Sitting in the sandbox near our new home in London, I recently connected with a fellow American parent.
“I’m Jamie, Eloise’s mom,” I said, after our 3-year-old daughters had declared themselves “best friends.”
“I’m Ed, Mia’s mom – I mean dad,” he said, chuckling over the slip.
While our girls flung sand, Ed, a father of two, gave me the scoop on local schools, parks and other essential details (like how George Michael was caught trolling for love in the same park where we sat chatting).
We gabbed like two typical expatriate wives covering kids, spouses, schools and houses, except Ed was in fact a husband. Forty-five minutes and two celebrity stories later, I had almost forgotten about Eloise’s first ballet class. I packed up, and Eloise and I said good-bye to our fast friends.
As I panted up the hill, rushing toward dance class, my thoughts jumped to our next meeting with Ed and Mia. Then my excitement turned to cynicism. The age-old argument crept into my mind – can women and men really just be friends?
According to the latest census data, stay-at-home dads (SAHDs) do 13 percent of the childcare for working moms in the U.S., but few of my girlfriends with children have actually co-mingled with them in their regular playgroups. Among my 280 Facebook friends, only one mom, 37-year-old Valerie Stivers-Isakova, a New York-based web editor and part-time SAHM, occasionally play-dates with guys in her building.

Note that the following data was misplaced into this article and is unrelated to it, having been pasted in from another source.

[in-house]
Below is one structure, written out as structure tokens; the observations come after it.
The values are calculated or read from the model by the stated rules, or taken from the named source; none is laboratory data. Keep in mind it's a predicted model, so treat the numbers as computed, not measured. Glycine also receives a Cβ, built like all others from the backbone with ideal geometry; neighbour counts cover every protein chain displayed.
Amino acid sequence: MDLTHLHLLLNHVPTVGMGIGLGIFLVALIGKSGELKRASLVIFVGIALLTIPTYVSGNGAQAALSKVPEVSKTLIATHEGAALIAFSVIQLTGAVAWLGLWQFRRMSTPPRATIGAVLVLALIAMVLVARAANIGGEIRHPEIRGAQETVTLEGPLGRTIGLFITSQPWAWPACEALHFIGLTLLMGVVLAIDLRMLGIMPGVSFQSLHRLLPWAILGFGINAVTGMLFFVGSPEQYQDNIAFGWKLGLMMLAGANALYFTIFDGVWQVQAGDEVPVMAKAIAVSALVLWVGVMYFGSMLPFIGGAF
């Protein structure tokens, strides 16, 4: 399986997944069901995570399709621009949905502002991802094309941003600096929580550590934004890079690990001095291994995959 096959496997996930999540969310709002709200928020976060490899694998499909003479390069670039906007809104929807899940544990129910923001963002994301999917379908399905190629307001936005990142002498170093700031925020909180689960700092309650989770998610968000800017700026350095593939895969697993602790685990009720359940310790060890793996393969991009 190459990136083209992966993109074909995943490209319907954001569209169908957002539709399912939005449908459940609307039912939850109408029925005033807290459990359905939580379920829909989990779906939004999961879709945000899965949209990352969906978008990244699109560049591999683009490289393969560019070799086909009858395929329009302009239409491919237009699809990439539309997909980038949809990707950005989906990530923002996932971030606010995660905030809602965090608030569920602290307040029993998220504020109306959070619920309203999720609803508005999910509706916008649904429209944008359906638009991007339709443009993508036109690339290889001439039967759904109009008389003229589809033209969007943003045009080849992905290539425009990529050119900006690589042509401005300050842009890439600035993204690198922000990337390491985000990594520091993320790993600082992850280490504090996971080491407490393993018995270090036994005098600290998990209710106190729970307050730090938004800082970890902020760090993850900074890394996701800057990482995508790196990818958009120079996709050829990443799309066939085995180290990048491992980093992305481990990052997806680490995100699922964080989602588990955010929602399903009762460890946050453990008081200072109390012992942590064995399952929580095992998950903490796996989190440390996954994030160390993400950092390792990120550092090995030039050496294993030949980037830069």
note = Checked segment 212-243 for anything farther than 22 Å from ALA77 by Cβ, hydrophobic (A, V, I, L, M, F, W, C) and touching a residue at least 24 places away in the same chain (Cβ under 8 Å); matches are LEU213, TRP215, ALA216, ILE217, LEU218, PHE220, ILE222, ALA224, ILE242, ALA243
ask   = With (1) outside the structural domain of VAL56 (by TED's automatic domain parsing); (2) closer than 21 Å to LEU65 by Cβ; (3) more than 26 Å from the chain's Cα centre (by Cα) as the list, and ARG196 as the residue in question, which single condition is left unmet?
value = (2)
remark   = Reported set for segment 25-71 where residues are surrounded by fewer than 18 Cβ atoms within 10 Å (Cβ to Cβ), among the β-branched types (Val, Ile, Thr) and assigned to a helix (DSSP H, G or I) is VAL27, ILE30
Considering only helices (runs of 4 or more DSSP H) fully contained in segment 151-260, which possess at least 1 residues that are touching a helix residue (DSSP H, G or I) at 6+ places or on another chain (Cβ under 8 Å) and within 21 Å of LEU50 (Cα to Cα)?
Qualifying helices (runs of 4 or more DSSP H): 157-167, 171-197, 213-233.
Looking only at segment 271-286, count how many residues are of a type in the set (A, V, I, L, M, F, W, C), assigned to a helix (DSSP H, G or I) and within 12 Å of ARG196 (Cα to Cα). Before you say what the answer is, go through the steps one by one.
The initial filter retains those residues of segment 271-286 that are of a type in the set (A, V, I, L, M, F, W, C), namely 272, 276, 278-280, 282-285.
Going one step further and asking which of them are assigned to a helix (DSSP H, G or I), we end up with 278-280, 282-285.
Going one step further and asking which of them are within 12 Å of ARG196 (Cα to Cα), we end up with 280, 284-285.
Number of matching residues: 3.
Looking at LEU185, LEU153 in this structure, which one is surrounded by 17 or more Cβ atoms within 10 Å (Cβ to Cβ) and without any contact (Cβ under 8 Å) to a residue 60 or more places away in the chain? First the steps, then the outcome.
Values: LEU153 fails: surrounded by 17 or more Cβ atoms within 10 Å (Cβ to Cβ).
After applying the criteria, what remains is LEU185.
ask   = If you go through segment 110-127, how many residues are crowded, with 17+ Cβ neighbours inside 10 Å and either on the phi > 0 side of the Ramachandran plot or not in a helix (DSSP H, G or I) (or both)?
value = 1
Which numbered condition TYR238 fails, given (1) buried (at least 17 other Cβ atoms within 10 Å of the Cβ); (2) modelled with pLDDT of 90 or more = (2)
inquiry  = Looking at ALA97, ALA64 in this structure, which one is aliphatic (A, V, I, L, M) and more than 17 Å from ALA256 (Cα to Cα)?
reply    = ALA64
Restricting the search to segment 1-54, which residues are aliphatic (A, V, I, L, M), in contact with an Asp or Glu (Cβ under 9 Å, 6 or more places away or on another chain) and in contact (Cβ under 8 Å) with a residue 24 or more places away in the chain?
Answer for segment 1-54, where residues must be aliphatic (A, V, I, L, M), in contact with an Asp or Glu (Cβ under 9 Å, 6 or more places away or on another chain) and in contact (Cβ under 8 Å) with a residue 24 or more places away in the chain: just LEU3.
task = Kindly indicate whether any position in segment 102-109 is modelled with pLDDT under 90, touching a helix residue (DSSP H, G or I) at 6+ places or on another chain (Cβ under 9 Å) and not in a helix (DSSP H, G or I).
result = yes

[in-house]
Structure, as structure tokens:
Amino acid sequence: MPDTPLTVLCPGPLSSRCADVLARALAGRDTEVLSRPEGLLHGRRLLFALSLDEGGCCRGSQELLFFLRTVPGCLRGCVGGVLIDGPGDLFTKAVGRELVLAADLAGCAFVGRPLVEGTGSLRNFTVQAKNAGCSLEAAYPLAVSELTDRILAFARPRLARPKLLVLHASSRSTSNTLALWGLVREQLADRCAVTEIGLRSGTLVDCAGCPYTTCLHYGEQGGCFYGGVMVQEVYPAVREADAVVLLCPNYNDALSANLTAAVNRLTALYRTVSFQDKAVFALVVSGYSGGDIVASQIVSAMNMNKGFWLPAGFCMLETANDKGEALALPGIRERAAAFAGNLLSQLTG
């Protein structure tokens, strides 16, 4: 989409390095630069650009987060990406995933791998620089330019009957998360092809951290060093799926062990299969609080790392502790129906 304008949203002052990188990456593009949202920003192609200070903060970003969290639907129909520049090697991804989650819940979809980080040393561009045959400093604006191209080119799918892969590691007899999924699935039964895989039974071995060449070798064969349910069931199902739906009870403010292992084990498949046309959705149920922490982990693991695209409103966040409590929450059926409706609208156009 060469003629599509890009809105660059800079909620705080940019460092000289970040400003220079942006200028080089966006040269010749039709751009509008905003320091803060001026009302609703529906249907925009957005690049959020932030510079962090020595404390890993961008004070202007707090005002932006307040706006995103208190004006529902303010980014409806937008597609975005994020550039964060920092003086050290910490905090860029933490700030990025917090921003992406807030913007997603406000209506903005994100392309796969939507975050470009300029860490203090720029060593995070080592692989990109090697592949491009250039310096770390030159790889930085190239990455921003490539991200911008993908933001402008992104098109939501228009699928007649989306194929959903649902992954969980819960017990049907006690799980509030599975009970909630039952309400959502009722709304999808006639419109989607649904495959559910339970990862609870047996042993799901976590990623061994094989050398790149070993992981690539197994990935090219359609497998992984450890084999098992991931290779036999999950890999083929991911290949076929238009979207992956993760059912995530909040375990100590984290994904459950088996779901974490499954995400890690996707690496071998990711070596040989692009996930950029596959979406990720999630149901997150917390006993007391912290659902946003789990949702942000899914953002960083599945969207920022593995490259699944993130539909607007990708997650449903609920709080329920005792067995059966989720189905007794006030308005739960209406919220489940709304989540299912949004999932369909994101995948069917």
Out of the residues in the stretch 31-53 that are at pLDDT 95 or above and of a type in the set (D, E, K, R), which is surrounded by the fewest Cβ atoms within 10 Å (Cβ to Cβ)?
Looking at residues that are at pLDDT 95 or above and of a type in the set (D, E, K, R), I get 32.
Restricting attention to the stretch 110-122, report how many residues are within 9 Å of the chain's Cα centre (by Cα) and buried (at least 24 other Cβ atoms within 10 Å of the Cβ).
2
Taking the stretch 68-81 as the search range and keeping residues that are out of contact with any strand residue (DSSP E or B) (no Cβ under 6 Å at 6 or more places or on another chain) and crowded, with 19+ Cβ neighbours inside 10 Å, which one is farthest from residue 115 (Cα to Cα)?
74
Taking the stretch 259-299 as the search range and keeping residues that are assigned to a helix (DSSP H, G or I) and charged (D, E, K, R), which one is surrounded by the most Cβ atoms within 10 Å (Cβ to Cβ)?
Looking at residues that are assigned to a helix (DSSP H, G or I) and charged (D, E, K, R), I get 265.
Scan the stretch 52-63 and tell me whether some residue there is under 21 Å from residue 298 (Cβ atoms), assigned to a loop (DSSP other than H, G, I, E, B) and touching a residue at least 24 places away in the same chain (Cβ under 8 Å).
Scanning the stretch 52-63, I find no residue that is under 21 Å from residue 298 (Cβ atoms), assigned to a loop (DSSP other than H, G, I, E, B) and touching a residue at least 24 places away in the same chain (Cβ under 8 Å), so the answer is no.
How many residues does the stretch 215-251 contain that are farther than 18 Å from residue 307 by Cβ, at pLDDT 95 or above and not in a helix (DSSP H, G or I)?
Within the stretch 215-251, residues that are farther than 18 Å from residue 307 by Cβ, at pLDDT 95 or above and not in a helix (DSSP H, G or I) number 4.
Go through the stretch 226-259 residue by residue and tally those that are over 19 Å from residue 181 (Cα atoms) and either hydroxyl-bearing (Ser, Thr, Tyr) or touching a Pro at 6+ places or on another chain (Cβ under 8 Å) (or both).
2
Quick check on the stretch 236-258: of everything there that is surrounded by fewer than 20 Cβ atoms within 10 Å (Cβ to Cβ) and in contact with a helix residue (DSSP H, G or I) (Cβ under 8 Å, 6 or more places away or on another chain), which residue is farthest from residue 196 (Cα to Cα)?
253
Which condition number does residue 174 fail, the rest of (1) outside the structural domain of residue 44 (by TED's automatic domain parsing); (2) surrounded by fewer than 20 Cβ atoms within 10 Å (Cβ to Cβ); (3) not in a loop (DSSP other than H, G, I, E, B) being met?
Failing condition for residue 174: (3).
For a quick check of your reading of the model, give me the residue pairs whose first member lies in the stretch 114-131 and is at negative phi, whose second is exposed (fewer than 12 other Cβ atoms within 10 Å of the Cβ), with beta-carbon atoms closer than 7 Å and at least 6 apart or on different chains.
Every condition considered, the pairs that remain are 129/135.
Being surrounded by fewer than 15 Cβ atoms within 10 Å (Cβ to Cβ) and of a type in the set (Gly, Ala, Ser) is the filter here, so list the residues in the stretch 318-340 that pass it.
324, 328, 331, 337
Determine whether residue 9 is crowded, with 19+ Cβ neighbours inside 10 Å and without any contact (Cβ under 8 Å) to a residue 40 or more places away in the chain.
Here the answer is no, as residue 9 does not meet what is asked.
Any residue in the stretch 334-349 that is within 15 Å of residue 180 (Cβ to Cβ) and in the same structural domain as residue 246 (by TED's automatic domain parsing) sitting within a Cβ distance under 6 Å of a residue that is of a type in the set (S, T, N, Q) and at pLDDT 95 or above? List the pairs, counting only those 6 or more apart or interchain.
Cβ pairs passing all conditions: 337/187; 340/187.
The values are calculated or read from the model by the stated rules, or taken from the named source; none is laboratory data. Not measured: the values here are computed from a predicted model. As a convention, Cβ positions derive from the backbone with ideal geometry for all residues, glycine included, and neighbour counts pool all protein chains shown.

Stivers-Isakova described her interaction with the two SAHDs she knows as “gingerly” and “scrupulously proper.” She admitted, however, that the situation could be uncomfortable.
“I don’t call [SAHDs] for one-on-one activities the way I do the moms. It feels awkward to me, too intimate, to have some dude lounging on the floor in my living room chatting about diapers and toddler feeding,” she told me.
Before finding Ed, I had never met a SAHD or pondered the predicament of play-dating with a guy. Ed is a cutie with full dark hair, a broad smile and an engaging personality; I wondered how my husband, Brian, would feel about me spending lazy afternoons at Ed’s place while Eloise and Mia played dress-up. But, once I pulled my mind out of the gutter, however, I realized that befriending a cool SAHD could also translate into a new buddy for Brian.
When Tim Maguire, 43, lost his job as a lawyer last fall, he took over fulltime parenting duties from his wife, Heidi Singer. His wife, of course, connected him with her SAHM friends. Maguire said he thought about the potential awkwardness of the co-ed play-date, but his desire to find friends for his 23-month-old daughter, Jane, outweighed his apprehension about crashing the girls-only group.
In addition to his moms’ group, Maguire is the token SAHD in a weekly music class. He has noticed, however, that he never gets invited to join the moms for lunch afterward.
“That’s not a big deal,” he said, “just mildly disappointing because I was hoping Jane would get a few friends out of the class.”